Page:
The Nations of the world are heading into forbidden territory, merging artificial intelligence with weapon systems. Future wars could be waged by criminals and terrorists who hide behind the mask of AI-powered weapon systems. AI-powered weapons could be programmed for genocide, and once unleashed, will be able to engage targets without forethought or human intervention. Robots will be able to calculate their target’s next move in real time and eliminate them, without creed or code. Warfare is entering a new frontier. The United Nations has been holding meetings on this serious topic since 2016.
Now Nobel Prize winners are sounding the alarm about the development of autonomous killer robots. Academics and activists from thirty-five different countries are calling for the U.N. to ban the use of AI-powered weapon systems. Over one hundred non-governmental groups gathered in Berlin at the Geneva conference to convince their U.N. representatives that killer robots should be stopped. Great Britain, Russia and the U.S. are all working on their own fleet of AI-powered weapons, which are currently able to extinguish anyone without oversight from a human. These autonomous weapon systems can be as simple as programmable drones, equipped with assault weapons.
The International Physicians for the Prevention of Nuclear War, 1985 Nobel Prize winners, joined in the protests and wrote an open letter to the U.N. “Fully autonomous weapons select and engage targets without human intervention, representing complete automation of lethal harm,” the letter states. “This ability to selectively and anonymously target groups of people without human oversight would carry dire humanitarian consequences and be highly destabilizing.” 1997 Nobel Prize winner Jody Williams is calling on Germany to lead on this issue and take steps to ban their use. Williams helped get landmines banned in the 90s.
Because the AI weapons are cheap and easy to mass produce, they could easily fall into the hands of terrorist organizations. Autonomous weapons make killing much easier because no human armies are needed to fill the trenches. No human armies are needed to go fight and risk their lives. For this reason, autonomous weapons allow very few machines to cause a great number of casualties in a short amount of time, causing mass destruction. Dr Noel Sharkey, a Professor of AI and Robotics, who helped start the Campaign to Stop Killer Robots, warns, “It is not too late to prevent autonomous weapons. Decades of advocacy efforts have shown, however, that once created and in military use, entire classes of weapons are extremely difficult to eliminate: the threat of nuclear war is growing despite the non-proliferation treaty.”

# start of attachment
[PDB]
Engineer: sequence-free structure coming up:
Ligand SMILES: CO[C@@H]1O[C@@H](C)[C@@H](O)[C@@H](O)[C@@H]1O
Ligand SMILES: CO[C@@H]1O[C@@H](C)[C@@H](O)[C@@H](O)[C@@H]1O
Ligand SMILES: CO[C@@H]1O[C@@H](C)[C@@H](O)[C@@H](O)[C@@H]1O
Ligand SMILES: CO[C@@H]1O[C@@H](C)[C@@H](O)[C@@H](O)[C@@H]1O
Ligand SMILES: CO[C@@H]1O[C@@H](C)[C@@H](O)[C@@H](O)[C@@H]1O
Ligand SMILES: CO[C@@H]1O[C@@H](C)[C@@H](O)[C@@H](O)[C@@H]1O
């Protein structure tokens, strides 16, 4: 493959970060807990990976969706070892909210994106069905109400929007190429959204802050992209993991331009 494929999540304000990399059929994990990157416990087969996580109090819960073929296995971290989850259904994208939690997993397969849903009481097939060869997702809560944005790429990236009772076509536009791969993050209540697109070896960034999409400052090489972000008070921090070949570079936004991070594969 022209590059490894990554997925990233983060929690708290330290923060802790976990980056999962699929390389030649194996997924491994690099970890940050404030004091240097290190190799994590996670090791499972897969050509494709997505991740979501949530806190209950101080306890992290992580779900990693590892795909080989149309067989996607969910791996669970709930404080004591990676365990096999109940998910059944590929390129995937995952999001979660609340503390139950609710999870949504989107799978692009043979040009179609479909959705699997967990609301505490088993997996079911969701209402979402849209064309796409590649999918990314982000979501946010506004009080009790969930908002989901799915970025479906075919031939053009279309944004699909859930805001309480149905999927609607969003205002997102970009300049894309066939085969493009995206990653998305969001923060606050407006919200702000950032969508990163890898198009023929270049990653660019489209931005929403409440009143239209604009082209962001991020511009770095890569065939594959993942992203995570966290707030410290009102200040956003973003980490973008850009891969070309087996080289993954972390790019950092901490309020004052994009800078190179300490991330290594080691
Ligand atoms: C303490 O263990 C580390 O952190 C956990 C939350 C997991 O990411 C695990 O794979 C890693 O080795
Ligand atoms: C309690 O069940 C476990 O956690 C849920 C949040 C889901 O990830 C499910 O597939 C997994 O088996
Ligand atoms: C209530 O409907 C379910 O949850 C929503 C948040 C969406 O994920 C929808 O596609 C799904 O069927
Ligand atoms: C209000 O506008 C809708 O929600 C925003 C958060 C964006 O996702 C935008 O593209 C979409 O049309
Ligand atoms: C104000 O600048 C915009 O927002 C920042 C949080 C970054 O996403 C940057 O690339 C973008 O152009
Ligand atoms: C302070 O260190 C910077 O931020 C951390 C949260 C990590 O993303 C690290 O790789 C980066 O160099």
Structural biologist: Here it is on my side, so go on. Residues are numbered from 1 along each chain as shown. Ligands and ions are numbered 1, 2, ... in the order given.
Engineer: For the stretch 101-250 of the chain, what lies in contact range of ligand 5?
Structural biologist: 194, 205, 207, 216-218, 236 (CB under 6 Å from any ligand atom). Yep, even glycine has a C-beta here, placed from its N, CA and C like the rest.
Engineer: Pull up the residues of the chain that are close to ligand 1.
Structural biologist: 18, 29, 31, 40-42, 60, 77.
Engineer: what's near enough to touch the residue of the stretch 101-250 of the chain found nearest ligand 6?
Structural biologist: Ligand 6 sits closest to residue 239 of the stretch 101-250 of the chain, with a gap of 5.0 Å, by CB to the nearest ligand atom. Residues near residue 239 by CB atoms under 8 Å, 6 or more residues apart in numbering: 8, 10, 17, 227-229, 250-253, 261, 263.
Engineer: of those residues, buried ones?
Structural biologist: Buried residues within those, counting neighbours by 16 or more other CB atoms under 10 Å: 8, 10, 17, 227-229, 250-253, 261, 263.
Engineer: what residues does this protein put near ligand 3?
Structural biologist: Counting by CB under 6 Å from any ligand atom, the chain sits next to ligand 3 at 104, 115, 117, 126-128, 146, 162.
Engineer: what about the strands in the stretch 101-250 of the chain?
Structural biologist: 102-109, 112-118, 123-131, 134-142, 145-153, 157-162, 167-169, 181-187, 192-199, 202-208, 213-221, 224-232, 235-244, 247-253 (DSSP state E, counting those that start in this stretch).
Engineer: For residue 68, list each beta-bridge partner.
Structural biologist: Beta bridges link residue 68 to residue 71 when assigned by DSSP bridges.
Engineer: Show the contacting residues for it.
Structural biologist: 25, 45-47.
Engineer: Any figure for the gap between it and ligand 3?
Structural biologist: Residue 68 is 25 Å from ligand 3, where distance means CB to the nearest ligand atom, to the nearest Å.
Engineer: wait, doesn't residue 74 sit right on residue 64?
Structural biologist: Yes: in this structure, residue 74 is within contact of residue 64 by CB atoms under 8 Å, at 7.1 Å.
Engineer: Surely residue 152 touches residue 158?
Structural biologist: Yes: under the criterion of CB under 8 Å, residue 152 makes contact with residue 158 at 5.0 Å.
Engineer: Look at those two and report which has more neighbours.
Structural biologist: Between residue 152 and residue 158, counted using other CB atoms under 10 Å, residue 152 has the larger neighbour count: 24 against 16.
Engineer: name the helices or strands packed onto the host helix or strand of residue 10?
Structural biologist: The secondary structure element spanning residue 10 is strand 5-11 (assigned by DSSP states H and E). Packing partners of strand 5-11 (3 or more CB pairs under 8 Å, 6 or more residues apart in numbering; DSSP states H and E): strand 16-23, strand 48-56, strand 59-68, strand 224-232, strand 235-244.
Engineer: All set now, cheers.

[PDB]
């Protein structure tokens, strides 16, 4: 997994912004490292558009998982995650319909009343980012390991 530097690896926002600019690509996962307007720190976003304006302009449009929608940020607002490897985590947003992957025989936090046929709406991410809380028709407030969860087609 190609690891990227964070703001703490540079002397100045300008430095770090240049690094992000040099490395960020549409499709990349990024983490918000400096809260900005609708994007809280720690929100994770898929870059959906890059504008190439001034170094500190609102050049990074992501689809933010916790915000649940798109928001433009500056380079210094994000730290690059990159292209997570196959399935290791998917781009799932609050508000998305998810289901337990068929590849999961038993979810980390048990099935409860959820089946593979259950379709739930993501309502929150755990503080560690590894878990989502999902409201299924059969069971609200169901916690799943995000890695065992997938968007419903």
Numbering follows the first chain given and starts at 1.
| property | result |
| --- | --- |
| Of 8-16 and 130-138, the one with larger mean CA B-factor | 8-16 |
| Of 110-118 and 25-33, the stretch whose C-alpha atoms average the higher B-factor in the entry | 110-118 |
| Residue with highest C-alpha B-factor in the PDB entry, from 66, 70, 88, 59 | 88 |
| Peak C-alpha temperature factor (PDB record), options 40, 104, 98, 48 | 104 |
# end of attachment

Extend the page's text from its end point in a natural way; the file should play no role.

Not only will the machines make conflict easier to start, and stealth missions easier to carry out, but the technology could also be hacked. Programming errors could accidentally kill many innocent people. Terrorists could use the systems to leverage power very quickly. Activists are also concerned the autonomous weapons will become common law enforcement tools. When a robot takes a life in the heat of the moment, who, or what country or entity will be liable for the death? Intelligence agencies could conduct stealth operations, using robots to kill, with no human or organization to be held accountable. Bonnie Docherty, senior Arms Division researcher at Human Rights Watch warns, “No accountability means no deterrence of future crimes, no retribution for victims, no social condemnation of the responsible party.”
“Each nation must take a stand that autonomous weapons must never come into existence. And we have to do it now, before it’s too late,” says Dr. Emilia Javorsky from the group Scientists Against Inhumane Weapons. Javorsky believes the world’s superpowers must agree that the weapons are “fundamentally wrong” and should never be used.
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